IS IT A TRADE ISSUE OR IS THERE MORE AT STAKE IN ALLOWING CHINA INTO THE WORLD TRADE ORGANIZATION? THAT'S THE QUESTION FACING CONGRESS AS IT PONDERS WHETHER TO GRANT "NORMAL TRADE RELATION" STATUS TO THE CHINESE. THE WHITE HOUSE AND FARM STATE LAWMAKERS FAVOR THE APPROVAL. HUMAN RIGHTS ACTIVISTS AND NATIONAL SECURITY HAWKS ARE NOT SO EAGER.
IT'S A DELICATE DANCE. IN NEGOTIATIONS LAST FALL ON A BILATERAL TRADE DEAL WITH THE U.S., THE CHINESE MADE BIG-TIME CONCESSIONS. THEY DID SO IN THE HOPE THE WHITE HOUSE COULD CONVINCE CONGRESS TO GRANT PERMANENT NORMAL TRADE RELATION STATUS TO CHINA. THAT STEP IS CRITICAL TO CHINA'S JOINING THE WORLD TRADE ORGANIZATION. U.S. AGRICULTURE IS SEEN AS A BIG WINNER IF THE DEAL GOES THROUGH. SO, WITH ONE FOOT ALREADY IN THE CHINESE DOOR, THERE'S SOME URGENCY FROM THE ADMINISTRATION AS IT MAKES ITS SALES PITCH ON THE HOMEFRONT.
DAN GLICKMAN, SECRETARY OF AGRICULTURE: "We are in an era in which American agriculture has been suffering and it is linked to the global economy and increasingly dependent on trade. As I've said before, we have nothing to gain and a great deal to lose by walking away from our agreement with China."
WITH THAT, THE CLINTON ADMINISTRATION THIS WEEK BEGAN ITS PUSH FOR CONGRESSIONAL APPROVAL OF A CONTROVERSIAL BILATERAL TRADE AGREEMENT WITH CHINA.
FOR U.S. FARMERS, THE ECONOMIC BENEFITS OF THE TRADE PACT ARE TANGIBLE.
HAMMERED OUT LAST YEAR, THE AGREEMENT CALLS FOR BEIJING TO OPEN A WIDE RANGE OF ITS MARKETS TO FOREIGN GOODS. IT WOULD HAVE AN IMMEDIATE BENEFIT FOR U.S. EXPORTS OF WHEAT, CITRUS AND MEAT PRODUCTS.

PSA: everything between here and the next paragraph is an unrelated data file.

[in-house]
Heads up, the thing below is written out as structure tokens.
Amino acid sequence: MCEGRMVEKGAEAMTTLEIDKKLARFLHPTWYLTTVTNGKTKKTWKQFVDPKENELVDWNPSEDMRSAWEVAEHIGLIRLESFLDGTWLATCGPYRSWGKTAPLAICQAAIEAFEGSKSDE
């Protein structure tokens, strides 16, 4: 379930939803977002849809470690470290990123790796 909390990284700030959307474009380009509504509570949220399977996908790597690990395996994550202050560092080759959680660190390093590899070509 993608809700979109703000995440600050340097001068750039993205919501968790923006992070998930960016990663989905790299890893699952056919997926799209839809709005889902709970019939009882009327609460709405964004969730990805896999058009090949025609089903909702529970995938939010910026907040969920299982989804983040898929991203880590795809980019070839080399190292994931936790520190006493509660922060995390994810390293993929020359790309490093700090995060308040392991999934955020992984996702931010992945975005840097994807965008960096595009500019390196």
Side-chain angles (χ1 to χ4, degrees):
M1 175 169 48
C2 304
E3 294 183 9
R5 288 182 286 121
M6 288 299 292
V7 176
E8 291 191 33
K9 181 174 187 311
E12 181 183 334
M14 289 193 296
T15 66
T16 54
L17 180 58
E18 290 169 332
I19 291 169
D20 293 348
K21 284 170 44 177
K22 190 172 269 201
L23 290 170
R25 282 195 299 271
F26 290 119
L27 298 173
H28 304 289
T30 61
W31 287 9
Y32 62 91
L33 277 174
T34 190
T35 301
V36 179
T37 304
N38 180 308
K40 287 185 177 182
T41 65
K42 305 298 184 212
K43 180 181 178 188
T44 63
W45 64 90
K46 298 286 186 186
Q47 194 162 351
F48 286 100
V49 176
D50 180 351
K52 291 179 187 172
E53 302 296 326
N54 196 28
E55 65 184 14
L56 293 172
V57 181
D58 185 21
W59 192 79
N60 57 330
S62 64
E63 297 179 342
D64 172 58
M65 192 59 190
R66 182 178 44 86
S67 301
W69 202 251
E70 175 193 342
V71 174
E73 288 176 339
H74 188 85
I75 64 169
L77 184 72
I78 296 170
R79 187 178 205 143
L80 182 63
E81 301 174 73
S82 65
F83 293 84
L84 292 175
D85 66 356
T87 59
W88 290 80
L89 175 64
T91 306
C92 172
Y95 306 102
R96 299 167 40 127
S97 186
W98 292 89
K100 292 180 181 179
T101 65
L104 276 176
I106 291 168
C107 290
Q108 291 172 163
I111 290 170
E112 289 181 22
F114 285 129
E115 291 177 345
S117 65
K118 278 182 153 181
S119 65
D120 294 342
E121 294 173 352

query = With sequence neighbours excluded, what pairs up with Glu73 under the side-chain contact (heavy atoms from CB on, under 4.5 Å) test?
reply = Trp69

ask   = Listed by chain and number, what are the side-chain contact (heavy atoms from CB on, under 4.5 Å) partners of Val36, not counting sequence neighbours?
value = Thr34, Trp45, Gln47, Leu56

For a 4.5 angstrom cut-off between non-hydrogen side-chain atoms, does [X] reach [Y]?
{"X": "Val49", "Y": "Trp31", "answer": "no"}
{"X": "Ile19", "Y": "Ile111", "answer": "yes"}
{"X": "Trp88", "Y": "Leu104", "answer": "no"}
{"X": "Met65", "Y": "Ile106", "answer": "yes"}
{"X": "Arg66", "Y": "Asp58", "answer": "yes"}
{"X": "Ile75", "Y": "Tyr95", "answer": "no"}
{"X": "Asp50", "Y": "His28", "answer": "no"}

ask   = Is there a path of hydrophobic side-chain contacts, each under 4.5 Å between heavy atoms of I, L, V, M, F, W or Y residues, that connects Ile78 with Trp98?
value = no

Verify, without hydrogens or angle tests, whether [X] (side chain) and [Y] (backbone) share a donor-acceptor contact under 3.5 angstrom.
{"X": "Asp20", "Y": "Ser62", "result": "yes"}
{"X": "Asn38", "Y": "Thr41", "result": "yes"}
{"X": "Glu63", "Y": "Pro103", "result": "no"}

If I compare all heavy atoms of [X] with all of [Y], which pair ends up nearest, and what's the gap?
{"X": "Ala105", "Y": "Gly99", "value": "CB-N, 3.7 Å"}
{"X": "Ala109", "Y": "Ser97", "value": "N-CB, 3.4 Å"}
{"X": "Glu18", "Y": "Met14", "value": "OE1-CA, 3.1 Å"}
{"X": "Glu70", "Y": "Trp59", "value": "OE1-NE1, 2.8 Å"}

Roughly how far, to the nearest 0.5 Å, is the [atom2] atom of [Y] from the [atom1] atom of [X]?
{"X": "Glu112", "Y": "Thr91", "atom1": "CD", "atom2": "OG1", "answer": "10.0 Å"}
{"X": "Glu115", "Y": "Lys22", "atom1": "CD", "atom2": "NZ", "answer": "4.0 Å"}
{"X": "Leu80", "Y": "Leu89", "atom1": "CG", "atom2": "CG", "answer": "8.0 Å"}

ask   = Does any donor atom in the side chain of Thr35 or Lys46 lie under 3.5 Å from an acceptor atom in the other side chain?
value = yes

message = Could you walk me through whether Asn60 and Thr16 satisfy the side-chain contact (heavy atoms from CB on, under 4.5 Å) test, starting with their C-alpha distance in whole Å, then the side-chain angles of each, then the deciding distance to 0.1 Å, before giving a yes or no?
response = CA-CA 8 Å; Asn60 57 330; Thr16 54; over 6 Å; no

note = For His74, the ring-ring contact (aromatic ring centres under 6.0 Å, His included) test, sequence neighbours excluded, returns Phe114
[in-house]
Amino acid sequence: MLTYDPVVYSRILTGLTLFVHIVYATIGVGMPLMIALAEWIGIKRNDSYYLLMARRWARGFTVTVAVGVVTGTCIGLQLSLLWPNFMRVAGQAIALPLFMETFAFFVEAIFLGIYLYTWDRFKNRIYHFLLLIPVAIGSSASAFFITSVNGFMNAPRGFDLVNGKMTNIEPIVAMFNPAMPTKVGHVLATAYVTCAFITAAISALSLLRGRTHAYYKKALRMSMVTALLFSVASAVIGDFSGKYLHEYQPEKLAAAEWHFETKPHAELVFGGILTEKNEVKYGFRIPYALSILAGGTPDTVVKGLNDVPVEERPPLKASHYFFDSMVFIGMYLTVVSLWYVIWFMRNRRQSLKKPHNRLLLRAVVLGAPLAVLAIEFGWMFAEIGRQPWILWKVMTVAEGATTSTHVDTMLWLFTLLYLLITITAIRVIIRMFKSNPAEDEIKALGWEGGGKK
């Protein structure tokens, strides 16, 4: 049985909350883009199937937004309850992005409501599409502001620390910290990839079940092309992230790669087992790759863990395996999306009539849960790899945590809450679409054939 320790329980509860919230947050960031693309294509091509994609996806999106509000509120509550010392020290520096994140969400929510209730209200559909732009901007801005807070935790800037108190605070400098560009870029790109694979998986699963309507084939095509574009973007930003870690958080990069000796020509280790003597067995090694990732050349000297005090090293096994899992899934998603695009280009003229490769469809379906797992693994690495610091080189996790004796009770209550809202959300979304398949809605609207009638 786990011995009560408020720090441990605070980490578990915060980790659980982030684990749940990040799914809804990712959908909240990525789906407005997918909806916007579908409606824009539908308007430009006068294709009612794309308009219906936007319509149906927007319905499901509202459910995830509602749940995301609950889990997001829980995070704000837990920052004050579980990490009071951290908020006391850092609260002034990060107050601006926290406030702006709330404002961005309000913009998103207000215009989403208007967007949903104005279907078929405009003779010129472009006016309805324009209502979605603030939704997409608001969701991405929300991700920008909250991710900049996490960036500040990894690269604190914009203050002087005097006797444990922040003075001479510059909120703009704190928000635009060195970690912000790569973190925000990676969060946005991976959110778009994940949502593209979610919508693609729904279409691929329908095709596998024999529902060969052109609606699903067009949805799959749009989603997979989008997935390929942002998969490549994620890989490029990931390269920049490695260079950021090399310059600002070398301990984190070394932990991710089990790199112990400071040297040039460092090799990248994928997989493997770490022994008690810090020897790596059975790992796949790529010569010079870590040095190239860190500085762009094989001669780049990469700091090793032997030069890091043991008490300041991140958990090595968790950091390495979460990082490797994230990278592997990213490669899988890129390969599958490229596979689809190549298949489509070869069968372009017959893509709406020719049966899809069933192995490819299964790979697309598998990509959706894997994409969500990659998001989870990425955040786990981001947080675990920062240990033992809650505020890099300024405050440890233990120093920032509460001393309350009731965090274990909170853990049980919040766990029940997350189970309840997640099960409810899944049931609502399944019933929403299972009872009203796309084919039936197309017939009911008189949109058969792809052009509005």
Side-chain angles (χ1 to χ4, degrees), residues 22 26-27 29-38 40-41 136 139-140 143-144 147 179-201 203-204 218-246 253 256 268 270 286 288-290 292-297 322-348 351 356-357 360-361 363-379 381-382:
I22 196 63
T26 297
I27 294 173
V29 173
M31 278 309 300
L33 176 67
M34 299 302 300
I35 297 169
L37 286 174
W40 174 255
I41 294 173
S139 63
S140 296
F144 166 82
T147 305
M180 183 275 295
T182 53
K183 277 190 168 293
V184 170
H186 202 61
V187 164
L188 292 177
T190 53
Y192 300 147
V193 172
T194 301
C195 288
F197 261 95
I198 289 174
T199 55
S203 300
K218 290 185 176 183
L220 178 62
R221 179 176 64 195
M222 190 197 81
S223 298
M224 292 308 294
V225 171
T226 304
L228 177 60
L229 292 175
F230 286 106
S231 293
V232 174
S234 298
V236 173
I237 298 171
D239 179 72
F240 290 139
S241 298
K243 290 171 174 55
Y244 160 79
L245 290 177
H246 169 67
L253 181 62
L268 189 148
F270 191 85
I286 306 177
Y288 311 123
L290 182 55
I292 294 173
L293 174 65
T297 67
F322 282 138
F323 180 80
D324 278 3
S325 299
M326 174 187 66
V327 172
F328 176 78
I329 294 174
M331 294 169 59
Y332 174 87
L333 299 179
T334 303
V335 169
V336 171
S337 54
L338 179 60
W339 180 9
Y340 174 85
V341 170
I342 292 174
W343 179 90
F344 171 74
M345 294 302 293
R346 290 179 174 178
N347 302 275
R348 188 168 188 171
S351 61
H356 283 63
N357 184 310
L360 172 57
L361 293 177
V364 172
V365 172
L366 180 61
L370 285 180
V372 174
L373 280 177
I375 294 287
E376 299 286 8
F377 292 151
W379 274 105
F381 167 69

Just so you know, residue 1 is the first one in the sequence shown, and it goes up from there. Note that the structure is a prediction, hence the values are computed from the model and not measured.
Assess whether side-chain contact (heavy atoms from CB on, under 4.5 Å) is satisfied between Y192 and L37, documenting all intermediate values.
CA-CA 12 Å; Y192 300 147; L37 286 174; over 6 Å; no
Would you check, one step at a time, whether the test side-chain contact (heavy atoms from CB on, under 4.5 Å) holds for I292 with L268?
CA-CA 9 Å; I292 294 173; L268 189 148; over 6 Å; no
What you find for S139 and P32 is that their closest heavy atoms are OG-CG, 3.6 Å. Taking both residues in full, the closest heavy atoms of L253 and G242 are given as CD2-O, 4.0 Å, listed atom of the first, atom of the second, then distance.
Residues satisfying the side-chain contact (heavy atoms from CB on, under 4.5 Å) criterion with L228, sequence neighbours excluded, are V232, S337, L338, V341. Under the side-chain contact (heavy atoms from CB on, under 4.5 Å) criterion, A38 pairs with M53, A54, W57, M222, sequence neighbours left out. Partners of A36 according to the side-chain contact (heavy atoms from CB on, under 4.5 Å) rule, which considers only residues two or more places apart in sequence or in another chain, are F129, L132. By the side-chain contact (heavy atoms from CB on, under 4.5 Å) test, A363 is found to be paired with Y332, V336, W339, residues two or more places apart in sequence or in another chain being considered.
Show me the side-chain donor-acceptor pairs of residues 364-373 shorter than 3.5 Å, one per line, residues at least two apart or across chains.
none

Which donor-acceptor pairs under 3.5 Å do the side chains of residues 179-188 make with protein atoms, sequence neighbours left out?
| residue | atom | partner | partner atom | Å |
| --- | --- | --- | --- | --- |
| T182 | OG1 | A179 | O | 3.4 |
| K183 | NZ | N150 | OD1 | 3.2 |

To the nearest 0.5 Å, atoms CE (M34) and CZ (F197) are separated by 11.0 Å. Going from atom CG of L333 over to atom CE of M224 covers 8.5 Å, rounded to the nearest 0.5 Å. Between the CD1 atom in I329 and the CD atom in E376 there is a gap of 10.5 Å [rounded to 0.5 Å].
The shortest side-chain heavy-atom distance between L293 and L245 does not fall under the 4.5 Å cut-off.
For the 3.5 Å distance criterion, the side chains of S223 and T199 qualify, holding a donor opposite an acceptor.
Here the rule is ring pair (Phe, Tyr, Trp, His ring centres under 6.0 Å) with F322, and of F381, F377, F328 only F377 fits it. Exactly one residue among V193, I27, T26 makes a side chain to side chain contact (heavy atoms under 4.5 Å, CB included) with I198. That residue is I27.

IN FACT, A SMALL SALE OF U.S. WHEAT TO CHINA THIS WEEK IS BEING TOUTED BY THE WHITE HOUSE AS EVIDENCE THE CHINESE INTEND TO HONOR CONCESSIONS THEY MADE TO SEAL THE TRADE AGREEMENT. IT WAS THE FIRST SALE OF WHEAT TO CHINA FROM THE PACIFIC NORTHWEST IN 25 YEARS.
GLICKMAN: "We are watching to make sure this initial purchase is followed by additional purchases of wheat, as well as honoring the commitment the Chinese made on citrus and on meats."
THE GOVERNMENT SAYS THAT BY 2005, THE PACT WILL BE WORTH AN ADDITIONAL $2 BILLION A YEAR IN U.S. FARM EXPORTS TO CHINA. THE DEAL HAS A SHORT PHASE-IN PERIOD, AND PROVIDES WHAT TRADE OFFICIALS CALL GENEROUS TARIFF RATES FOR BULK COMMODITIES LIKE WHEAT, CORN, AND COTTON.
MORE IMPORTANTLY, IT POSITIONS THE U.S. IN THE HUGE CHINESE MARKET AHEAD OF THAT NATION'S ACCEPTANCE INTO THE WORLD TRADE ORGANIZATION. THE WHITE HOUSE IS SEEKING A QUICK VOTE ON THE TRADE PACT, SINCE NEGOTIATIONS BETWEEN CHINA AND THE RIVAL EUROPEAN UNION HAVE STALLED.
SUPPORTERS SAY THE FAILURE TO APPROVE THE PACT WILL BE COSTLY IN THE "DOG-EAT-DOG" WORLD OF GLOBAL TRADE.
GLICKMAN: "The only winners would be the E.U., would be Australia, would be Canada, would be Argentina, and would be every exporter in the world who would see us as engaging in a disarmament in world trade, and will move in to suck up those markets from us. And once they're in, they will be in for good and we will be out for a very long time."
GLICKMAN WAS EMPHATIC DURING HIS TESTIMONY THAT THE TRADE DEAL WITH CHINA WOULD NOT HARM U.S. INTERESTS. "THIS IS NOT NAFTA," HE BELLOWED, IN REFERENCE TO THE OFT-MALIGNED NORTH AMERICAN FREE TRADE AGREEMENT. THAT TRADE DEAL OPENED U.S. MARKETS TO A FLOOD OF GOODS FROM CANADA AND MEXICO AND IS BLAMED FOR CRIPPLING THE U.S. WINTER VEGETABLE INDUSTRY, ESPECIALLY TOMATOES.
GLICKMAN CALLED THE CHINA DEAL A "ONE-WAY STREET," CLAIMING THAT IT OPENS THE HUGE ASIAN MARKET TO A VARIETY OF U.S. GOODS WITHOUT OPENING U.S. MARKETS TO CHINA ANY WIDER THAN THEY ARE NOW.